The National Council for Dalit Christians has approached the Law Commission seeking a recommendation to the government for extending scheduled caste status to Dalits belonging to the Christian and Muslim communities.
In a representation to commission member Tahir Mahmood, council's coordinator Franklin Caesar Thomas demanded that Dalit Christians/Muslims should be extended benefits like reservation in government jobs and educational institutions as provided to their Hindu, Sikh and Buddhist counterparts.
The representation referred to the recommendation of the National Commission for Religious and Linguistic Minorities (NCRLM) headed by Justice Ranganath Misra, which in May 2007 suggested delinking the scheduled caste status from religion. The representation has been forwarded to Law Commission chairman Justice A.R. Lakshmanan, Mahmood told HT.
The Constitution (Scheduled Castes) Order, 1950 issued under Article 341 of the Constitution originally said no non-Hindu could be a scheduled caste. However, the provision has been amended twice to extend reservation benefits to Dalit Sikhs and Buddhists.
The NCRLM, of which Tahir Mahmood was a member, had recommended an amendment to the Constitution order, 1950 to include Dalit Christians/Muslims.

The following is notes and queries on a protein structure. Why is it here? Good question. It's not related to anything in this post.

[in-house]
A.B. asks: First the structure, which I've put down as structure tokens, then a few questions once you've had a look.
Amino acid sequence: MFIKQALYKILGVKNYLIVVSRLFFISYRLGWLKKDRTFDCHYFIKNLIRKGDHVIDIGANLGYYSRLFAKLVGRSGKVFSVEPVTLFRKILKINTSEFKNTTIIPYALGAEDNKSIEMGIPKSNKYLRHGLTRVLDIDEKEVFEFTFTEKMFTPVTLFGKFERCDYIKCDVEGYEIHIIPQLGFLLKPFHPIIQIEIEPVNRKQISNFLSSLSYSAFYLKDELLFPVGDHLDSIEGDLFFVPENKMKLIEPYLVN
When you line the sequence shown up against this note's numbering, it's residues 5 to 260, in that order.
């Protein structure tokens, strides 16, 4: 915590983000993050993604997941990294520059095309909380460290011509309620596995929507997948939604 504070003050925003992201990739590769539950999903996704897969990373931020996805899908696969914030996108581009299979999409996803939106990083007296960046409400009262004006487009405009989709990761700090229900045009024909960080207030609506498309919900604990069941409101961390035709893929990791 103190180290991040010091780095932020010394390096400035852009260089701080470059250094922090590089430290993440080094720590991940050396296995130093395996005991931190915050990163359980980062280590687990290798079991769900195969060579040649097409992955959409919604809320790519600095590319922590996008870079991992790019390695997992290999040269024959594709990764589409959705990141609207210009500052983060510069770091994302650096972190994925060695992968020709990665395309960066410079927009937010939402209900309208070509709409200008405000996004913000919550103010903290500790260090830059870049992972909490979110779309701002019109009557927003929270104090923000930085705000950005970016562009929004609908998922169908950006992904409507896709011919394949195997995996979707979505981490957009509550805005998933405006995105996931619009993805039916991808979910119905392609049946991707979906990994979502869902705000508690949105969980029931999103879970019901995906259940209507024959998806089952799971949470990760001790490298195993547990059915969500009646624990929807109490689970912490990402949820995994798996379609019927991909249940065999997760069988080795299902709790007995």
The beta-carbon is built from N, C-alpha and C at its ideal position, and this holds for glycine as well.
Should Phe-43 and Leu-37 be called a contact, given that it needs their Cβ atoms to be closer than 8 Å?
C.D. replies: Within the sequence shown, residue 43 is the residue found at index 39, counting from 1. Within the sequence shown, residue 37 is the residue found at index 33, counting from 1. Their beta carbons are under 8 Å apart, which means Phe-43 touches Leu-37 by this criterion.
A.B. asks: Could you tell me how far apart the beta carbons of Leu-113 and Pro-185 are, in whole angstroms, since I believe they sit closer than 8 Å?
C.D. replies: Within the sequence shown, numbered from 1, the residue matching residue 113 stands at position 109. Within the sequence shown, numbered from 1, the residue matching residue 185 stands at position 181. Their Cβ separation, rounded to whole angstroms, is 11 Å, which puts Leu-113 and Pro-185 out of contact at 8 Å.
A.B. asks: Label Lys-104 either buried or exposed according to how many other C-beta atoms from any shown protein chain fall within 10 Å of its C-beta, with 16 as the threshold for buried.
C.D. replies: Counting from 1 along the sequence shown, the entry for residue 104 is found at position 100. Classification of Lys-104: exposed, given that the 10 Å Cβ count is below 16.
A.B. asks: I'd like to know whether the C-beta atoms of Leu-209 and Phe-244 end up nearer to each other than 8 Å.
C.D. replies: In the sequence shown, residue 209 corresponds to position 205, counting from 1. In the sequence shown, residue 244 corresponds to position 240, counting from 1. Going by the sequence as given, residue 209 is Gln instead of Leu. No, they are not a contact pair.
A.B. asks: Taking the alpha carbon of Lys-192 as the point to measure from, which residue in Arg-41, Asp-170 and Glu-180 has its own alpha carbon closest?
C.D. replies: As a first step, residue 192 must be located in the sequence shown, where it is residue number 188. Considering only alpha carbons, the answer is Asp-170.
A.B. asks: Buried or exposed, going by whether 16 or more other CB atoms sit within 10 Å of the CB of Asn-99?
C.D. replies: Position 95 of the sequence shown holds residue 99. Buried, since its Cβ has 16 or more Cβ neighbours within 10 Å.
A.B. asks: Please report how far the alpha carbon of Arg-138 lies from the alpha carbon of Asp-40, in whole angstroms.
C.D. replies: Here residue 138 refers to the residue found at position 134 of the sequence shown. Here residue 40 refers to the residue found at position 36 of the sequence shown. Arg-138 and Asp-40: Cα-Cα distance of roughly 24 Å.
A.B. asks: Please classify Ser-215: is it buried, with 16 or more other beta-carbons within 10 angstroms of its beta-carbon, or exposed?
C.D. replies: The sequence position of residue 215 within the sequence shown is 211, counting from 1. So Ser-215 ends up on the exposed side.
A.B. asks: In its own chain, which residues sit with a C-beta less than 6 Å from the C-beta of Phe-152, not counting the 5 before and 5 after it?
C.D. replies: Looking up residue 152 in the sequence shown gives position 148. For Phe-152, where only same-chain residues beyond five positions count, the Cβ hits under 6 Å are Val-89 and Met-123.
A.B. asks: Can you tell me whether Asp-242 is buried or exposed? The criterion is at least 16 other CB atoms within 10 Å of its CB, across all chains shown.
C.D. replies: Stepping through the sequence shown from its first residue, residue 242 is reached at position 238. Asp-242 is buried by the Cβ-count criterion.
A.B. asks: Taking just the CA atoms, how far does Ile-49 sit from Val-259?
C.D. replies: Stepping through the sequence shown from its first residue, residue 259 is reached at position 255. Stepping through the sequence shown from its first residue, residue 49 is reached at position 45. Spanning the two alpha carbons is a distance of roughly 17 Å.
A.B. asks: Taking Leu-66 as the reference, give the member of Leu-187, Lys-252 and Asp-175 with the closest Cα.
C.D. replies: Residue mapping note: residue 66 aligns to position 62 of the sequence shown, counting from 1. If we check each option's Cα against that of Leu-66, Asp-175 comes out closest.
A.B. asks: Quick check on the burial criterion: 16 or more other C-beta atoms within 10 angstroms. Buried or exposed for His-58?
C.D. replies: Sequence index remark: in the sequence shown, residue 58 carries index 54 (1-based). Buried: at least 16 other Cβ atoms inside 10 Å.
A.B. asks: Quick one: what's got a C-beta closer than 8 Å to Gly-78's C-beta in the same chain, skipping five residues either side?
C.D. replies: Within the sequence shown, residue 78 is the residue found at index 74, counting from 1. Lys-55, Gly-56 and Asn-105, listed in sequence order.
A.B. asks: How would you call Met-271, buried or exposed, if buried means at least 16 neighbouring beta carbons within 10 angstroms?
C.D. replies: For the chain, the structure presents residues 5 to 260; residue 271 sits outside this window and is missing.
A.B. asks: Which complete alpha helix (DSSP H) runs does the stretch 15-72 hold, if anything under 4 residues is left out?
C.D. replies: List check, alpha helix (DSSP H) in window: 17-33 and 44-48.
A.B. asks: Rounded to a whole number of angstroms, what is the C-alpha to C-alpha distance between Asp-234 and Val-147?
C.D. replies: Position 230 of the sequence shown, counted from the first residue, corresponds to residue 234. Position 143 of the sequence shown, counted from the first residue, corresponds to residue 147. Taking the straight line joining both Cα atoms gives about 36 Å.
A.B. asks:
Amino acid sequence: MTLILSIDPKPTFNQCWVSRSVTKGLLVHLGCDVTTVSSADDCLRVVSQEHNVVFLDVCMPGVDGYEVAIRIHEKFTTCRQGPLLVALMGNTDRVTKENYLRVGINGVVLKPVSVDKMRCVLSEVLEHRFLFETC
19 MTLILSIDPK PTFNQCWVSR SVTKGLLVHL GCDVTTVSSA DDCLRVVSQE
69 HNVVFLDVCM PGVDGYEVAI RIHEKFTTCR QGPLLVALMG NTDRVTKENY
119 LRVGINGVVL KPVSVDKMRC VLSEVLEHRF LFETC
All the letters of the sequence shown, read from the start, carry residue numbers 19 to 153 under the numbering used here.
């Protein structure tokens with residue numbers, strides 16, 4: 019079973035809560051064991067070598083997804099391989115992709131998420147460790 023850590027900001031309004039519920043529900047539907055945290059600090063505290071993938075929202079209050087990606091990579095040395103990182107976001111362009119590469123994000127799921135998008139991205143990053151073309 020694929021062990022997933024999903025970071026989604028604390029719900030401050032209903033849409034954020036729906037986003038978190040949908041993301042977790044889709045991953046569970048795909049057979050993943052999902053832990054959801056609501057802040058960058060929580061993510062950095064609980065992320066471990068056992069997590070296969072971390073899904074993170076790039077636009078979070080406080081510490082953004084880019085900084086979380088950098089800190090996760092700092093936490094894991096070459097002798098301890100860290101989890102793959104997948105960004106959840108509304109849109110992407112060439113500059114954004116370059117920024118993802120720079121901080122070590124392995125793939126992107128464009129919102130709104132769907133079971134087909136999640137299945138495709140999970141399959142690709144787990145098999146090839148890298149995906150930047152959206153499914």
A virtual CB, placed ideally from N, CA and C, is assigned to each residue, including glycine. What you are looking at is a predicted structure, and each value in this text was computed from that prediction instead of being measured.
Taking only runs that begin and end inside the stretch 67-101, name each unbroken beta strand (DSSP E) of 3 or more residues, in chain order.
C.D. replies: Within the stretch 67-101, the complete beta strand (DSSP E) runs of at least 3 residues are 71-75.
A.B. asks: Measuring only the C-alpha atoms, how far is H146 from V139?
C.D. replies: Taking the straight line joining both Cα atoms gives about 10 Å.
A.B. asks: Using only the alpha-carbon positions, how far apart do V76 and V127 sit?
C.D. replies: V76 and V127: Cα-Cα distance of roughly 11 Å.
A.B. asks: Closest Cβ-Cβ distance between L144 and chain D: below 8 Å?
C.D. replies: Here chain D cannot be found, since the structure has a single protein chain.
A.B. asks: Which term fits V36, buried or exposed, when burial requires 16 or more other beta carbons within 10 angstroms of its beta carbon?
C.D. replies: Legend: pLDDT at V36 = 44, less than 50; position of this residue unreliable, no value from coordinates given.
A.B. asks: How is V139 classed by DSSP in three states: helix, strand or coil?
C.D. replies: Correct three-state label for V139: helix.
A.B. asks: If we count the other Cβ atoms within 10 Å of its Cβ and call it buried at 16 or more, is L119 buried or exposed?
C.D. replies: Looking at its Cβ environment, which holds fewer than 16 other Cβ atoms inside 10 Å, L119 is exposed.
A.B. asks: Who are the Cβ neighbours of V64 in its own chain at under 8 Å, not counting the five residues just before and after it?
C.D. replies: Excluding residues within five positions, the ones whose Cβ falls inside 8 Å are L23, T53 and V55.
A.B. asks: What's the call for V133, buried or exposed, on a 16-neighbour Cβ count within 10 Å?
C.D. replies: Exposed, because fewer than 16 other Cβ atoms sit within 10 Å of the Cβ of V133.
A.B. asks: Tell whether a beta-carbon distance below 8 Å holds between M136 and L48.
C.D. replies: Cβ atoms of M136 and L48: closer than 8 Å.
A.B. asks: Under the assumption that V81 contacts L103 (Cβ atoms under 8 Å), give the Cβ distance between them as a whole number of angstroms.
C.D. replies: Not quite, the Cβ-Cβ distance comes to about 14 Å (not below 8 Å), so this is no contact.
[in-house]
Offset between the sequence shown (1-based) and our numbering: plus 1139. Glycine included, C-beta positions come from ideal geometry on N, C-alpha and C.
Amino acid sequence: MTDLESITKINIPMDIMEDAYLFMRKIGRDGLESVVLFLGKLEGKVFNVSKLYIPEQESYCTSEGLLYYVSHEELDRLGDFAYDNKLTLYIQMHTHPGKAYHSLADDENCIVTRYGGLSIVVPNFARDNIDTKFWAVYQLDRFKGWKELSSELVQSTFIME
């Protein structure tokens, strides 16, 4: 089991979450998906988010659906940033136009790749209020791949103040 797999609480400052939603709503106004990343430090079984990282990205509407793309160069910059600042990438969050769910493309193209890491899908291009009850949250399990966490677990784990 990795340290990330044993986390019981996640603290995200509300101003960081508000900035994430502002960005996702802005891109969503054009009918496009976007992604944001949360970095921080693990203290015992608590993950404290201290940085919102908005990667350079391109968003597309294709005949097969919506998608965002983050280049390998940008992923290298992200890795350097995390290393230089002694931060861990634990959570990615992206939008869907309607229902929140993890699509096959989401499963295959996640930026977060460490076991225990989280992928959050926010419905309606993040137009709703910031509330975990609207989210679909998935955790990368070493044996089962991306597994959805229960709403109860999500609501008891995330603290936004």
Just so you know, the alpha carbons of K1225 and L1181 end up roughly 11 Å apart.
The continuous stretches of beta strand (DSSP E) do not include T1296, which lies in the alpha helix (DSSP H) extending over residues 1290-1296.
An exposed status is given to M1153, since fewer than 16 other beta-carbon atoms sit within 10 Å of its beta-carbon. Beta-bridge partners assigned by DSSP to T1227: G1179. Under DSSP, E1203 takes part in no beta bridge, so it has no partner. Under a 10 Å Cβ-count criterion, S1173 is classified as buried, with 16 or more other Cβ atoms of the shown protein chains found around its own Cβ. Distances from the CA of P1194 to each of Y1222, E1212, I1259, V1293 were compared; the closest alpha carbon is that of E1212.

NCRLM member secretary Asha Das had, however, dissented, saying there was no justification for inclusion of SC converts to Christianity or Islam as scheduled castes. The condition of ‘religion’ in the Constitution order, 1950 shouldn't be deleted. Hindu groups, too, are against the move. It would give a fillip to conversion, they have said.
The National Commission for Scheduled Castes (NCSC) headed by Buta Singh had put forth three conditions for extending the reservation benefits. Favouring reservation for Dalit Christians/Muslims, it said the government shouldn't disturb the 15 per cent share of reservation meant for scheduled castes and determine the element of reservation for them keeping in view their population. Overall reservation shouldn't exceed 50 per cent as fixed by the Supreme Court, it said.